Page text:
At some point, you can't lift this boulder with just your own strength. And if you find that you need to move bigger and bigger boulders up hills, you will need more and more help.— Vinton Cerf
The most glamorous Vinton Cerf quotes that will activate your inner potential
Science fiction does not remain fiction for long. And certainly not on the Internet.
What is special about VOIP is that it's just another thing you can do on the Internet, whereas it is the only thing - or nearly the only thing with the exception of the dial-up modem and fax - that you can do on the public switched telephone network.
Information flow is what the Internet is about.
Information sharing is power. If you don't share your ideas, smart people can't do anything about them, and you'll remain anonymous and powerless.
I'd like to know what the Internet is going to look like in 2050.
Thinking about it makes me wish I were eight years old.
We had no idea that this would turn into a global and public infrastructure.
We will have more Internet, larger numbers of users, more mobile access, more speed, more things online and more appliances we can control over the Internet.
There was something amazingly enticing about programming.
I expect to see a lot of household appliances on the Net by 2010, as well as autos and other mobile devices.
They say a year in the Internet business is like a dog year.
. equivalent to seven years in a regular person's life. In other words, it's evolving fast and faster.
The remarkable social impact and economic success of the Internet is in many ways directly attributable to the architectural characteristics that were part of its design. The Internet was designed with no gatekeepers over new content or services.
Engineers are really good at labeling and branding things.
If we had named Kentucky Fried Chicken, it would have been Hot Dead Birds.
There is an underlying, fundamental reliance on the Internet, which continues to grow in the number of users, country penetration and both fixed and wireless broadband access.
I think imaginative exercises can have a profound impact on the future - what you can imagine can sometimes turn into something you can figure out how to build.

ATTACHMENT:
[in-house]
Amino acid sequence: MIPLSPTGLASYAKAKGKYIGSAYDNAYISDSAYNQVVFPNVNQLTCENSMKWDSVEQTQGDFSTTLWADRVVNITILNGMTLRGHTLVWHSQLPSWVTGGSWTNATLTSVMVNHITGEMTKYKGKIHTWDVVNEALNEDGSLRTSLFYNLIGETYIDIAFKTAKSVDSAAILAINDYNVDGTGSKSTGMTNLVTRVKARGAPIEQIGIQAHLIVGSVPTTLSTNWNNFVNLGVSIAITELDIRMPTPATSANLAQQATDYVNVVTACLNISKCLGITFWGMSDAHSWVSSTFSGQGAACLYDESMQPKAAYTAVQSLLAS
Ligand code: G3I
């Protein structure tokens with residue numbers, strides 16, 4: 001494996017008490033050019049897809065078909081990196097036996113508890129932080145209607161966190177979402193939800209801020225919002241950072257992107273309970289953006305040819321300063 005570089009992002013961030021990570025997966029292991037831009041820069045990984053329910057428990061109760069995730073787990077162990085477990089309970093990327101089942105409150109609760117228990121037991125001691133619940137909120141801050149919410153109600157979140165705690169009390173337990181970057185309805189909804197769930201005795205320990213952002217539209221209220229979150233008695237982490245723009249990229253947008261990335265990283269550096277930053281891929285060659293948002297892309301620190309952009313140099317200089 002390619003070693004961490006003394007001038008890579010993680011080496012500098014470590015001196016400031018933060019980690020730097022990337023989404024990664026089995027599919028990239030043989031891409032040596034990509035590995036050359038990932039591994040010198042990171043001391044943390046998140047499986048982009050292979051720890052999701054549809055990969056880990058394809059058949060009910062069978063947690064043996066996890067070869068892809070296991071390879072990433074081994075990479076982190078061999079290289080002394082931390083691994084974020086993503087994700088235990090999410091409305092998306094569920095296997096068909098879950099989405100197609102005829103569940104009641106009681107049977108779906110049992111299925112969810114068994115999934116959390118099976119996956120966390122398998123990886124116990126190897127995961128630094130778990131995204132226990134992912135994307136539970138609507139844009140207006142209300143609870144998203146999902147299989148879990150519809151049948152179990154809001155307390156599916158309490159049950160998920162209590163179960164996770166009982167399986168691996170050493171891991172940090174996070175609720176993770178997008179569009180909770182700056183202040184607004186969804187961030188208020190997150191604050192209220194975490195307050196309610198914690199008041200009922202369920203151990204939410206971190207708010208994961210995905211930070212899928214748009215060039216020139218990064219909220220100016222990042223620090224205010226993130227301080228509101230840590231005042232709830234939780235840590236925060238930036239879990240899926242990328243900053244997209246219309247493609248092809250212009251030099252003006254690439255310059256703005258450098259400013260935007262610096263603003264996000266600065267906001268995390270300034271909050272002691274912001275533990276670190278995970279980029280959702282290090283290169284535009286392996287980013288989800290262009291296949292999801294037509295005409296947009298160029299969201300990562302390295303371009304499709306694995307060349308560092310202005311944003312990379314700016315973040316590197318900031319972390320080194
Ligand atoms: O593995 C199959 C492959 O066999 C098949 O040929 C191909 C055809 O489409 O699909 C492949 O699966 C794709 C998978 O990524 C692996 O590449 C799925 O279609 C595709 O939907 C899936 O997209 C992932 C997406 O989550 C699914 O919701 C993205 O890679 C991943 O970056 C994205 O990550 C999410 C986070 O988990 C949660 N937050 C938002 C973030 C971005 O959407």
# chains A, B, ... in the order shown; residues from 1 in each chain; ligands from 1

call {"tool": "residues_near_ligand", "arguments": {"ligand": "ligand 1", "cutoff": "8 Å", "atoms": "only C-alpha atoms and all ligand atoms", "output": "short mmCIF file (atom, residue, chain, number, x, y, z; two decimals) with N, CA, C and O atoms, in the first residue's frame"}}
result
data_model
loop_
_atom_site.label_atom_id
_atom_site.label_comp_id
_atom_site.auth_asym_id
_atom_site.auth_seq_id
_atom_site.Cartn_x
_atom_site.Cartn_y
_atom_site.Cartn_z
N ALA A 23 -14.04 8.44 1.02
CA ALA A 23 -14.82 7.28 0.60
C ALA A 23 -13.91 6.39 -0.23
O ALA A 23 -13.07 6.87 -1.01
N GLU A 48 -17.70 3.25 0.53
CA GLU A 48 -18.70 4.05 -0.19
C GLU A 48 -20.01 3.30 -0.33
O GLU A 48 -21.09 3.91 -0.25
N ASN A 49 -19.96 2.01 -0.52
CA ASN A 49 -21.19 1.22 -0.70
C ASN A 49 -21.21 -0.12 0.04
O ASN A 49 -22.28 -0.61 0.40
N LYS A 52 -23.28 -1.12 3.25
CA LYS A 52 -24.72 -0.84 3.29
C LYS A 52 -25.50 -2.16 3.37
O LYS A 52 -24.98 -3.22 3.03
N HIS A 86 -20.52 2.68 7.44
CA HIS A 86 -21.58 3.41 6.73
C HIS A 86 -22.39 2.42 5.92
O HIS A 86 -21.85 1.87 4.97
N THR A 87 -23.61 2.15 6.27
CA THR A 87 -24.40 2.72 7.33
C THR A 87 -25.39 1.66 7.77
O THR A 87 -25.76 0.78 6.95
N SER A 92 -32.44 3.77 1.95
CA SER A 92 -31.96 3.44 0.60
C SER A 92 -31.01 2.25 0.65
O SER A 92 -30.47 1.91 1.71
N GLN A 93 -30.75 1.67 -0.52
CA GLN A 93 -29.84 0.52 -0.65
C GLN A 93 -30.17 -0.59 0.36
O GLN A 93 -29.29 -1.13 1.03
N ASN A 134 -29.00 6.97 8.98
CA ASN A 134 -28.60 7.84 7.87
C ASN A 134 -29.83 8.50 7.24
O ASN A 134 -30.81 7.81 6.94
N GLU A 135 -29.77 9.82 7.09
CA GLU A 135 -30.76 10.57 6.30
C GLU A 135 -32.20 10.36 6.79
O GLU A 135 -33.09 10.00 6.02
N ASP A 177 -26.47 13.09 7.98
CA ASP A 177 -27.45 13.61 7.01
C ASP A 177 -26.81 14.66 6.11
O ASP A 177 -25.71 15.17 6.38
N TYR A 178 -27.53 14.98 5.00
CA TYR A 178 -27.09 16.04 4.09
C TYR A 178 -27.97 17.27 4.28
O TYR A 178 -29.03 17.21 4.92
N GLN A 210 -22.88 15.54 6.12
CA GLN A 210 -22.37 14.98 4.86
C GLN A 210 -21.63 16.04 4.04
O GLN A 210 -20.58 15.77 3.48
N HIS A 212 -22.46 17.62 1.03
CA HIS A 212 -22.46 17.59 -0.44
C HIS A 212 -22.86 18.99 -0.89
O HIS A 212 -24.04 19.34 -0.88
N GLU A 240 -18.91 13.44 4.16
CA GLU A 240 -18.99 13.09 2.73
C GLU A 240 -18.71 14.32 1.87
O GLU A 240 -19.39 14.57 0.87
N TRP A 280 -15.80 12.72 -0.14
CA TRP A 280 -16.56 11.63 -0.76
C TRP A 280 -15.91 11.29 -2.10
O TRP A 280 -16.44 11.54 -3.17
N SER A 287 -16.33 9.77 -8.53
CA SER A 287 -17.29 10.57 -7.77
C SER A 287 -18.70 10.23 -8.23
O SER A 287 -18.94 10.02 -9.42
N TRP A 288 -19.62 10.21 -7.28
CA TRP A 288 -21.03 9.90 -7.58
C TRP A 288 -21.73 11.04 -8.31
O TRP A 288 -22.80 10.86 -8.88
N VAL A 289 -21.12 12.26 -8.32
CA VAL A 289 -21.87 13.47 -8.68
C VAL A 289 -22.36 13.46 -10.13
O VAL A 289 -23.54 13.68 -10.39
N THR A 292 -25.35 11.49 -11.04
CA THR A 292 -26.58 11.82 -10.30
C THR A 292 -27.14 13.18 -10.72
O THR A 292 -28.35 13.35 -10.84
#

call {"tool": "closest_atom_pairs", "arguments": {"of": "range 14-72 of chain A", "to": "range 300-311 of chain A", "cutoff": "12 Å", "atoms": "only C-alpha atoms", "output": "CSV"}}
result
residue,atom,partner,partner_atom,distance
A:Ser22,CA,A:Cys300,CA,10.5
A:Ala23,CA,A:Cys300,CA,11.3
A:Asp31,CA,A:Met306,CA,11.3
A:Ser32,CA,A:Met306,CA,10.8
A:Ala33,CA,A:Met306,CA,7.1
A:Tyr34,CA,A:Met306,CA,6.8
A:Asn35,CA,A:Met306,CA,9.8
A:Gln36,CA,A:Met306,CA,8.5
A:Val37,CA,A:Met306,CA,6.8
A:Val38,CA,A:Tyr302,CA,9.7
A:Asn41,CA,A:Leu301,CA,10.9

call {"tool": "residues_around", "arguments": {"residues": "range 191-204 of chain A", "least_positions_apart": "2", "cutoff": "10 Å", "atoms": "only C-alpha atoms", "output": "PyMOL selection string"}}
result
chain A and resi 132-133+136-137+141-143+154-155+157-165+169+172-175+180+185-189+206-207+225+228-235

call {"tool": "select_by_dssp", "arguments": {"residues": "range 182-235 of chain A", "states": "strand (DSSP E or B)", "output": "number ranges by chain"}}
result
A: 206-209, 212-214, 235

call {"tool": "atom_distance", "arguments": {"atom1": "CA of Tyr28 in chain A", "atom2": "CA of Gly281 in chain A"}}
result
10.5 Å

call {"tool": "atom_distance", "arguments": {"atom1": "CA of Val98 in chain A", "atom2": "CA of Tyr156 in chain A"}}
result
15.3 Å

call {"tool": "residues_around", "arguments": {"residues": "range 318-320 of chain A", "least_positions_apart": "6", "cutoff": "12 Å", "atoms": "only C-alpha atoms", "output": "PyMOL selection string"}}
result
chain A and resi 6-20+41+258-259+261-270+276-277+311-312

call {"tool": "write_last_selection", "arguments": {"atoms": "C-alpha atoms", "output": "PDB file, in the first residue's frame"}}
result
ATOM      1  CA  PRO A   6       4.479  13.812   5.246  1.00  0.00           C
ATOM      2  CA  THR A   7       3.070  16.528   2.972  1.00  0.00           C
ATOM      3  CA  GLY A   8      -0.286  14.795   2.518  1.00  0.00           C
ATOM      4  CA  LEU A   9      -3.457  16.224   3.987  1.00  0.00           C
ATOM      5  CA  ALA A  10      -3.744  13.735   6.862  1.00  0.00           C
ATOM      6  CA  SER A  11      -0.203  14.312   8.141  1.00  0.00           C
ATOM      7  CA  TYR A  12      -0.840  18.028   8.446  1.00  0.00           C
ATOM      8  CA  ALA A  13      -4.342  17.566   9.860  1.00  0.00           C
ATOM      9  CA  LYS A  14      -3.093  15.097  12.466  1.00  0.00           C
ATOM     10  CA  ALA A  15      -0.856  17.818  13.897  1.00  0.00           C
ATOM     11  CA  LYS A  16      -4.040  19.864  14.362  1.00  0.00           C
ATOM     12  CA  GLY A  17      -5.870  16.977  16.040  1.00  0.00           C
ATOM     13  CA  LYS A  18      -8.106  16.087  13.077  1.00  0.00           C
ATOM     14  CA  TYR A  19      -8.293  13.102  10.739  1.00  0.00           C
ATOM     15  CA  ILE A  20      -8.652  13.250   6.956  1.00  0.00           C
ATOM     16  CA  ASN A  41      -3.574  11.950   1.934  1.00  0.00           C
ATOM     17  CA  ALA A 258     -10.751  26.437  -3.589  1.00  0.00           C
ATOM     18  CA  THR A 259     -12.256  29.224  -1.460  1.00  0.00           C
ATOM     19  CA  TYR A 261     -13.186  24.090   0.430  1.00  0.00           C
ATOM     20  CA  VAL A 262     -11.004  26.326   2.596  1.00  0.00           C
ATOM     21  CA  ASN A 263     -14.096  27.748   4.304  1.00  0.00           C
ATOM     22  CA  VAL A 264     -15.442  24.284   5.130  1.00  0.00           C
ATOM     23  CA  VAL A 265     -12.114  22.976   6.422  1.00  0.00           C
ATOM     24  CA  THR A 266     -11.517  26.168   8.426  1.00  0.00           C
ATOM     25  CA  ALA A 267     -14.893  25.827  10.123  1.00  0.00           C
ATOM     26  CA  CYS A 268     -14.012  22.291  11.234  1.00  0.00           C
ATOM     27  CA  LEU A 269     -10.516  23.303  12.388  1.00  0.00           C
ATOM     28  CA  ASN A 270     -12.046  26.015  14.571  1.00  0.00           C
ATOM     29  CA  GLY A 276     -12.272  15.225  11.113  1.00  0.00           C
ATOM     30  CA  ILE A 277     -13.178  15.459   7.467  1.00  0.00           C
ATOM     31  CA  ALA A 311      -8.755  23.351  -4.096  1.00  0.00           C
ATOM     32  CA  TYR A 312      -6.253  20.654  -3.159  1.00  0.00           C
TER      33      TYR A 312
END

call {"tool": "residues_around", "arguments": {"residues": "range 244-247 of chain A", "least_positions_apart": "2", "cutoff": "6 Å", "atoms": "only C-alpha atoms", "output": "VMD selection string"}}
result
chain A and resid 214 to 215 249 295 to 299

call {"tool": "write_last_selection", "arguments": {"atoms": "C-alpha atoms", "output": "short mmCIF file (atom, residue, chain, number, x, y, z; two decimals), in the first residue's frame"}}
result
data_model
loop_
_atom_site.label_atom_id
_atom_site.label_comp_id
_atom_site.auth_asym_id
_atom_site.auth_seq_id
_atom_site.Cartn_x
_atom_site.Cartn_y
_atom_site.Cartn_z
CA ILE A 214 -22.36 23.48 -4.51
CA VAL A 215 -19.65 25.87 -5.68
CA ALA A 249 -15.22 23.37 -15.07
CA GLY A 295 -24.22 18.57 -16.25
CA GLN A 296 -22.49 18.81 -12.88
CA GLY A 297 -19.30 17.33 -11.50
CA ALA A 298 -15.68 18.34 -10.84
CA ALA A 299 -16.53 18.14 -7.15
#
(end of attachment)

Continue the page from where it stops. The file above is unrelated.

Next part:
Surf the Web is a happy coincidence.
The computer would do anything you programmed it to do.
There has been a substitution of ideology for fact and scientific and engineering data in this administration.
There's an old maxim that says, 'Things that work persist,' which is why there's still Cobol floating around.
I no longer give Power Point presentations, because I've come to believe that power corrupts, and Power Point corrupts absolutely.
On email and the first instance of spam: This is not for advertising! This is for serious work!
First of all, in terms of investment in Internet-related developments, venture capitalists - once burned - are now very cautious and are investing in areas that actually make business sense.
By placing intelligence at the edges rather than control in the middle of the network, the Internet has created a platform for innovation.
The purpose behind terrorism is to instill fear in people - the fear that electrical power, for instance, will be taken away or the transportation system will be taken down.
Now, more than ever, the Internet must be wielded along with other media to cast bright lights on all who would destroy freedom in the world.
The hackers don't want to destroy the network.
They want to keep it running, so they can keep making money from it.